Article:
Replacing an aortic valve in the weakest patients


Understanding Transcatheter Aortic Valve Replacement (TAVR)

What is it?

Transcatheter Aortic Valve Replacement (TAVR) is a procedure for select patients with severe symptomatic aortic stenosis — a narrowing of the aortic valve opening.

While open-heart aortic valve replacement surgery is the standard treatment for severe symptomatic aortic stenosis, there are patients who are not candidates for open surgery. These inoperable or extremely high-risk patients may be unable to undergo traditional surgery because of factors such as age, history of heart disease, frailty or other health issues.

For these patients, transcatheter aortic valve replacement, or TAVR, may be an option. The TAVR procedure allows physicians to replace a diseased aortic valve without open-heart surgery. This procedure enables the placement of a heart valve into the body with a catheter, which allows the valve to be inserted through a small incision into an artery.

How is it done?

The TAVR valve that will open and close to regulate the flow of blood is made of a bovine (cow) heart valve stitched inside of an expandable stainless steel scaffold, or stent.

During the TAVR procedure, the new valve is crimped down to the approximate diameter of a pencil and placed on a catheter. A small incision is made in the groin, and the catheter is fed through the femoral artery to the heart, much like an angioplasty procedure. Once in the heart chamber, the new valve is positioned directly inside the diseased aortic valve where the catheter balloon is inflated to secure the valve in place. The valve will begin to work immediately, functioning like a normal, healthy valve.

The TAVR procedure is performed under general anesthesia, in a hybrid operating room. A cardiothoracic surgeon, an interventional cardiologist and a clinic coordinator work together, utilizing fluoroscopy and echocardiography to guide the valve to the site of the patient's diseased heart valve.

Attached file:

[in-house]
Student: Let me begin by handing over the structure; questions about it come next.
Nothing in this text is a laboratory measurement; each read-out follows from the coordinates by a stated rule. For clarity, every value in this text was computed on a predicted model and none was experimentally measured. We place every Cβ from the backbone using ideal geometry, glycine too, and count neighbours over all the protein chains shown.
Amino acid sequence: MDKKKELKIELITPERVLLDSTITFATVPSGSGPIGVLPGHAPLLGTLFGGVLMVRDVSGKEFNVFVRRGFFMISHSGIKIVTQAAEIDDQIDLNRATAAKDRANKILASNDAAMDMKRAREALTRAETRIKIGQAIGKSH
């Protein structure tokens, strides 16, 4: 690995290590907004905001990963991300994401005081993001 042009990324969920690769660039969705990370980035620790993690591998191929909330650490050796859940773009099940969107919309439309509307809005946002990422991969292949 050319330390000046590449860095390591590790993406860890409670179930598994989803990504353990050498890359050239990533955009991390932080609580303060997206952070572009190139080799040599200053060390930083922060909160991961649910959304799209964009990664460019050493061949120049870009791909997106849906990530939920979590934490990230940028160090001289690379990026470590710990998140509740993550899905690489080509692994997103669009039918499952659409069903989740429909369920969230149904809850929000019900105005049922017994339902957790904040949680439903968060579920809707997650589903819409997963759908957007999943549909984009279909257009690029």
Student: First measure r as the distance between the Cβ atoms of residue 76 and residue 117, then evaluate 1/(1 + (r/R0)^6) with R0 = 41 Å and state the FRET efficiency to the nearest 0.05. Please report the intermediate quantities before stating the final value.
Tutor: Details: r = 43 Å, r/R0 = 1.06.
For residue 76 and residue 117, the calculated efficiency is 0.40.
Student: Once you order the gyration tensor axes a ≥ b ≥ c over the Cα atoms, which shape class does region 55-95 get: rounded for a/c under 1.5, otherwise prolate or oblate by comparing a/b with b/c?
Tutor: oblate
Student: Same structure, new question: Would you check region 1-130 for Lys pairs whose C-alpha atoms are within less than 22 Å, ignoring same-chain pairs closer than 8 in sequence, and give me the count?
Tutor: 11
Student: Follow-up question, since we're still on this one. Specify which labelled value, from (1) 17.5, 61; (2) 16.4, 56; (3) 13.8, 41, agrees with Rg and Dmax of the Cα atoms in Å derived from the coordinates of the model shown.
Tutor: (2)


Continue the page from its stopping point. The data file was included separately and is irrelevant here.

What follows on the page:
The most exciting aspect of this procedure is that it provides hope when there were no previous options. The transcatheter valve offers some patients the potential of a longer life with better quality.

The TAVR procedure generally is performed in much less time than open-heart surgery. Additionally, open-heart surgery can require a two- to three-month recovery period, compared to the recovery period of only a few days with the transcatheter approach.

TAVR Criteria

Any patient diagnosed with severe aortic stenosis that is deemed inoperable for open aortic valve replacement can be referred by their cardiologist to Lee Health's structural heart program clinic for TAVR evaluation.

All potential candidates will be assessed and educated by our specially trained team, consisting of a cardiothoracic surgeon, an interventional cardiologist and a clinic coordinator. Together they will conduct a comprehensive evaluation to determine whether this procedure is an appropriate option for the patient.

If we find that you are a candidate for the TAVR procedure, you will be given specific instructions and scheduled for surgery at HealthPark Medical Center.

Risks

TAVR is a significant procedure typically requiring general anesthesia. While less invasive than openheart surgical aortic valve replacement, TAVR still has the potential for similar adverse effects, including risk of death, stroke, damage to the artery used for replacement of the valve, major bleeding, and other life-threatening and serious events. The components of the valve are made from similar material as those in a conventional aortic valve replacement.

Technology and expertise at Lee Health

HealthPark Medical Center became the first hospital in Florida—outside of clinical trials—to offer the minimally-invasive TAVR valve replacement procedure.

We are the only health system in Southwest Florida to offer this procedure to our patients.

Lee Health provides the most advanced valve replacement surgeries and treatments using a multidisciplinary approach. Our structural heart program regularly handles the most complex cases in the region with excellent outcomes.

Who to contact

If you are a referring physician and would like to more information about the TAVR procedure or the structural heart program at Lee Health, please contact us at:

Structural Heart Program
9981 S. HealthPark Drive, Suite 120
Fort Myers, FL 33908
Phone: 239-343-6341
Fax: 239-343-6342
Email: ShipleyCardio@LeeHealth.org

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